NASA has selected three companies to further advance work on deployable solar array systems that will help power the agency's human and robotic exploration of the Moon under Artemis.
Through Artemis missions, NASA will return humans to the Moon and establish a long-term presence near the lunar South Pole. A reliable, sustainable power source is required to support lunar habitats, rovers, and even construction systems for future robotic and crewed missions. To help provide this power, NASA is supporting development of vertical solar arrays that can autonomously deploy up to 32 feet high and retract for relocation if necessary.
The agency will award a total of $19.4 million to three companies to build prototypes and perform environmental testing, with the goal of deploying one of the systems near the Moon’s South Pole near the end of this decade. The designs must remain stable on sloped terrain and be resistant to abrasive lunar dust, all while minimizing both mass and stowed volume to aid in the system’s delivery to the lunar surface. The awards include:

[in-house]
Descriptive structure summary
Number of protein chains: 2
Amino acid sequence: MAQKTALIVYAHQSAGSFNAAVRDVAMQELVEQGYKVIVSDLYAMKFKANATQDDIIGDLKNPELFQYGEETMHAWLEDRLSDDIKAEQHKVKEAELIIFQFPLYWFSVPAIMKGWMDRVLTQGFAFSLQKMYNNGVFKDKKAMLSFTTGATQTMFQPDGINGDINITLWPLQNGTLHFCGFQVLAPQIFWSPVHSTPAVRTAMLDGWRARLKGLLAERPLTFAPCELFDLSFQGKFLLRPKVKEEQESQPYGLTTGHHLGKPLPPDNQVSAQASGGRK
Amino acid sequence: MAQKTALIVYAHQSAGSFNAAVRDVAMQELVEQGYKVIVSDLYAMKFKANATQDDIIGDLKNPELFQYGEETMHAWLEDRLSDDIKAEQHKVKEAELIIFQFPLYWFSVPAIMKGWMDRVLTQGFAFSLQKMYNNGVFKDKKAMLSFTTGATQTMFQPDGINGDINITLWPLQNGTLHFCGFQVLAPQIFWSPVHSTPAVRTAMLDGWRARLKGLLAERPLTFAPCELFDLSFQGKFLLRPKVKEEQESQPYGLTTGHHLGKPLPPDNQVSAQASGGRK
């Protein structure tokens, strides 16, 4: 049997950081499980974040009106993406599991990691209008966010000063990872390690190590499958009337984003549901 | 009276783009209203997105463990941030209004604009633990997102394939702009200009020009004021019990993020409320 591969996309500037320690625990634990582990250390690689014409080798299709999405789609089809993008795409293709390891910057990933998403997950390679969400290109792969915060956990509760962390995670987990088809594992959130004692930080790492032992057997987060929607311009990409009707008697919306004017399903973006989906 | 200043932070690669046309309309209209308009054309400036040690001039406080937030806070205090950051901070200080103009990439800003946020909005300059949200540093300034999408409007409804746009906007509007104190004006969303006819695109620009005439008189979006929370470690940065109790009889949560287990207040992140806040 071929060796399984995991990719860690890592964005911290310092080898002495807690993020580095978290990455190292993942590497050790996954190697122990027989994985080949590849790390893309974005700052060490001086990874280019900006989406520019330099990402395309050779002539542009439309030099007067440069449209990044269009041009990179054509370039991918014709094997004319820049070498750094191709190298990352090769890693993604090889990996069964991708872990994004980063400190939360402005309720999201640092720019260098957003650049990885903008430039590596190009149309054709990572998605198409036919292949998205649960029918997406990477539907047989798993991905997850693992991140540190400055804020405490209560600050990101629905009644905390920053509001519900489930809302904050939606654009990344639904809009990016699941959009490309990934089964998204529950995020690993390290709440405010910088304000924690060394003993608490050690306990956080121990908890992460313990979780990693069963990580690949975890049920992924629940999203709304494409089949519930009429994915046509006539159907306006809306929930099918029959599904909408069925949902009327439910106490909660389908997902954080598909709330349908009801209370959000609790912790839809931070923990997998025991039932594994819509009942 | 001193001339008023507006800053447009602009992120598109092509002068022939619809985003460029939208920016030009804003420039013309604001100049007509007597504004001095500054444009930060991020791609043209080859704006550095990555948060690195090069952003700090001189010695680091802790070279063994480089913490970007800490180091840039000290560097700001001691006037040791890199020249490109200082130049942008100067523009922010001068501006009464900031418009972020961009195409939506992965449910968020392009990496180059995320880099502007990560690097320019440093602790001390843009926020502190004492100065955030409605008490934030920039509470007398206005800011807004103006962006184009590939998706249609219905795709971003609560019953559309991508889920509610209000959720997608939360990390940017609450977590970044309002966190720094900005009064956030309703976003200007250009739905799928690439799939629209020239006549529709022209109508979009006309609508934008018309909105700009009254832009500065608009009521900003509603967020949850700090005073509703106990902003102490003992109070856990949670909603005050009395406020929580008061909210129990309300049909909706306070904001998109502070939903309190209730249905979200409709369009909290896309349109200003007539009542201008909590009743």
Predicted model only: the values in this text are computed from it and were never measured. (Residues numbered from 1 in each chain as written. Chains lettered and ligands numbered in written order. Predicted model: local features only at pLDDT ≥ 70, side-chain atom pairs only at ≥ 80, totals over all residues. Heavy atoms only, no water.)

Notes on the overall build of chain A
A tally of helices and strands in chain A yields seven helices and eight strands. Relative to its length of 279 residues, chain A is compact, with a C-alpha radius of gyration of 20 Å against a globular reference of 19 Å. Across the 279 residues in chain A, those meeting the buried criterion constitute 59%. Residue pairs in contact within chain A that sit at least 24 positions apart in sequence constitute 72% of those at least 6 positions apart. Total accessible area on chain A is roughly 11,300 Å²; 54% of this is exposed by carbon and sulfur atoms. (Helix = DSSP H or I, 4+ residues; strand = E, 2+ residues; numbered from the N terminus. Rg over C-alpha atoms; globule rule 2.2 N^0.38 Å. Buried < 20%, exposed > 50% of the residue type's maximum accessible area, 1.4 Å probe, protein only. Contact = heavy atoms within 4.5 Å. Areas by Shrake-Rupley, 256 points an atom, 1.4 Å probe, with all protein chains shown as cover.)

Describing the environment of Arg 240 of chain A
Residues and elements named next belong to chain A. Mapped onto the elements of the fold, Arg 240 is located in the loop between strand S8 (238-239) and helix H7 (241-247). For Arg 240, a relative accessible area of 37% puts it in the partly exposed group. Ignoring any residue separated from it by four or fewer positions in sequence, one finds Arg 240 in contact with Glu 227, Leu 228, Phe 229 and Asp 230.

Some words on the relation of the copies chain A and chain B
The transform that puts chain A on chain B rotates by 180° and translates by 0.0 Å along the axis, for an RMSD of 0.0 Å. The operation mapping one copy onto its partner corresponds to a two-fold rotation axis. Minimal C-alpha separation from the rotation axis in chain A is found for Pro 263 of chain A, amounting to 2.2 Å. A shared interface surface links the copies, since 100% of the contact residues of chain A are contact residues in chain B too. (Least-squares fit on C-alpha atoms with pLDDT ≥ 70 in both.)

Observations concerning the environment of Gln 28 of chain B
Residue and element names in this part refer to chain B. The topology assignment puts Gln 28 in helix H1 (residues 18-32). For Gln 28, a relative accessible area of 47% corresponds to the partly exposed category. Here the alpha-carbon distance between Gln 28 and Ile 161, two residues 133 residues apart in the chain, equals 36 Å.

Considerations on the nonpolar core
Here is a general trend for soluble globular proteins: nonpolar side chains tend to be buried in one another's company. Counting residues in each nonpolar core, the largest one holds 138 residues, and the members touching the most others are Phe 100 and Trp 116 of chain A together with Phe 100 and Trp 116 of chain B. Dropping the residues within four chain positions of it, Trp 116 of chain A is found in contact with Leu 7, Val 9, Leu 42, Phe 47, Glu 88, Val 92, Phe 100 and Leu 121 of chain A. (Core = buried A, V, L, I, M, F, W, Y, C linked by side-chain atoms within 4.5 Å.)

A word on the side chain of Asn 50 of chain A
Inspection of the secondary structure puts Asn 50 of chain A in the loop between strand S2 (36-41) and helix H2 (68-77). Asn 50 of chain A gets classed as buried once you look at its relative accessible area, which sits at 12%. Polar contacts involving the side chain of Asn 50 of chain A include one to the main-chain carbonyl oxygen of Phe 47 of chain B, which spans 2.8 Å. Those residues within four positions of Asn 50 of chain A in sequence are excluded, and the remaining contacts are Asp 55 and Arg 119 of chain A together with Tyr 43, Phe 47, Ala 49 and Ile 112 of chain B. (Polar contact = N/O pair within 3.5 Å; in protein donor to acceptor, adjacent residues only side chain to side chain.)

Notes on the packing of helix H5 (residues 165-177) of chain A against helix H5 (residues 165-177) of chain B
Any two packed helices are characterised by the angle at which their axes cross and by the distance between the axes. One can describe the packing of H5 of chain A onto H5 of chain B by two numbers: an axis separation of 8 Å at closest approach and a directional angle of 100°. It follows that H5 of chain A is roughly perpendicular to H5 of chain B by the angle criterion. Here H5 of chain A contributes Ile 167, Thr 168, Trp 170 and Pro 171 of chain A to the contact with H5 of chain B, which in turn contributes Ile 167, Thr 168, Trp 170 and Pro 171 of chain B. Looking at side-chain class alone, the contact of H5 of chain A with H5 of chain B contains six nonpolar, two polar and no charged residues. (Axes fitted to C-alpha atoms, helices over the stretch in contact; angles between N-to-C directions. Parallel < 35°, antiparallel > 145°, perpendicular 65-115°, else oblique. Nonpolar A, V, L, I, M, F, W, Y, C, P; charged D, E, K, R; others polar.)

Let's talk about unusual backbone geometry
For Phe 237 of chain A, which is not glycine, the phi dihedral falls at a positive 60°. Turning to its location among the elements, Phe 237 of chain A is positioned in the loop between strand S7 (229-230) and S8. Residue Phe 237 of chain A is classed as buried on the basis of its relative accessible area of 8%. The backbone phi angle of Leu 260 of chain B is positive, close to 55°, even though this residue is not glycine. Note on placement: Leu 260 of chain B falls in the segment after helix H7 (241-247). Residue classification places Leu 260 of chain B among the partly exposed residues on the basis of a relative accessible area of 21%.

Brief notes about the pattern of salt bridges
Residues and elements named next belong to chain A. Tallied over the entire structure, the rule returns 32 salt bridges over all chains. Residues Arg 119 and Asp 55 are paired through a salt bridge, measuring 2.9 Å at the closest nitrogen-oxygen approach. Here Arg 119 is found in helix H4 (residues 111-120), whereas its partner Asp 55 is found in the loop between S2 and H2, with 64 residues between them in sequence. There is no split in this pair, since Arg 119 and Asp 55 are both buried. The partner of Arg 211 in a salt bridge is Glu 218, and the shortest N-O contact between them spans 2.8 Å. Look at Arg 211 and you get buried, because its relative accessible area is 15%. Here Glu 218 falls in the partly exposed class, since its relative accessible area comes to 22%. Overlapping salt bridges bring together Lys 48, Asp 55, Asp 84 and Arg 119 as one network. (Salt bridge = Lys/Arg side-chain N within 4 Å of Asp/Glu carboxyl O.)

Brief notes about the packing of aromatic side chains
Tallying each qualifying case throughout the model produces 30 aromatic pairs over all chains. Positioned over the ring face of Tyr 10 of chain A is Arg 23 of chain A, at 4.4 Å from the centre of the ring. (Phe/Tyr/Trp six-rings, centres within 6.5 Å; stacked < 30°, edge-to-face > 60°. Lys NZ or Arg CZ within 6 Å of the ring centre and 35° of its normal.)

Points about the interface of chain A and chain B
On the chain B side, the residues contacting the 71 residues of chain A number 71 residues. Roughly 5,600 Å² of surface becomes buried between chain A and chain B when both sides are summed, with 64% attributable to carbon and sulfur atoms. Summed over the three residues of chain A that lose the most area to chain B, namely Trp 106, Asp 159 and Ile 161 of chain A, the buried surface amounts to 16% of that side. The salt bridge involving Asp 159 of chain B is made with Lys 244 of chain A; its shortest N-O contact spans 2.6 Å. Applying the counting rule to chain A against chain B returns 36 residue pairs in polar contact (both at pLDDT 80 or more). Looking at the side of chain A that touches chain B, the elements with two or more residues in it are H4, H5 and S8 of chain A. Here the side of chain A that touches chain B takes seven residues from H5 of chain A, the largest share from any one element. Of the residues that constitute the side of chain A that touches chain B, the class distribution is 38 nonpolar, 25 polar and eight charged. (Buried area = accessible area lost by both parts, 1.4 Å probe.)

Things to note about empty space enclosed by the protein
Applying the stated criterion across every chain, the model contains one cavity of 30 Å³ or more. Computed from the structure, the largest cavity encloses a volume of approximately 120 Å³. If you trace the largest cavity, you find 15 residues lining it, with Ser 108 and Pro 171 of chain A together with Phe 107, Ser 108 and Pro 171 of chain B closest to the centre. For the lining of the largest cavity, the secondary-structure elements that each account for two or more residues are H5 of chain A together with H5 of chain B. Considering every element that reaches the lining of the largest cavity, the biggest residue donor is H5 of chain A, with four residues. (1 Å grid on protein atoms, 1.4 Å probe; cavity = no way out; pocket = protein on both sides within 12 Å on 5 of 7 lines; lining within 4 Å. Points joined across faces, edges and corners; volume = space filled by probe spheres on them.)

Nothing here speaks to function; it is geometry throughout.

- Astrobotic Technology of Pittsburgh, Pennsylvania: $6.2 million
- Honeybee Robotics of Brooklyn, New York: $7 million
- Lockheed Martin of Littleton, Colorado: $6.2 million
Existing space-rated solar array structures are designed for use in microgravity or for horizontal surface deployment. The vertical orientation and height of these new designs will help prevent loss of power at the lunar poles where the Sun does not rise very far above the horizon. When the Sun is low on the horizon, the Moon's terrain can block some of its light, keeping it from reaching solar arrays that are low to the ground. By placing the solar arrays on tall masts, these designs allow for uninterrupted light and therefore produce more power.
The contracts are part of the agency’s VSAT project, which aims to support NASA’s long-term lunar surface operations. In 2021, NASA selected five companies to create initial designs for vertical solar array technologies. VSAT is led by STMD’s Game Changing Development program and Langley in collaboration with NASA's Glenn Research Center in Cleveland.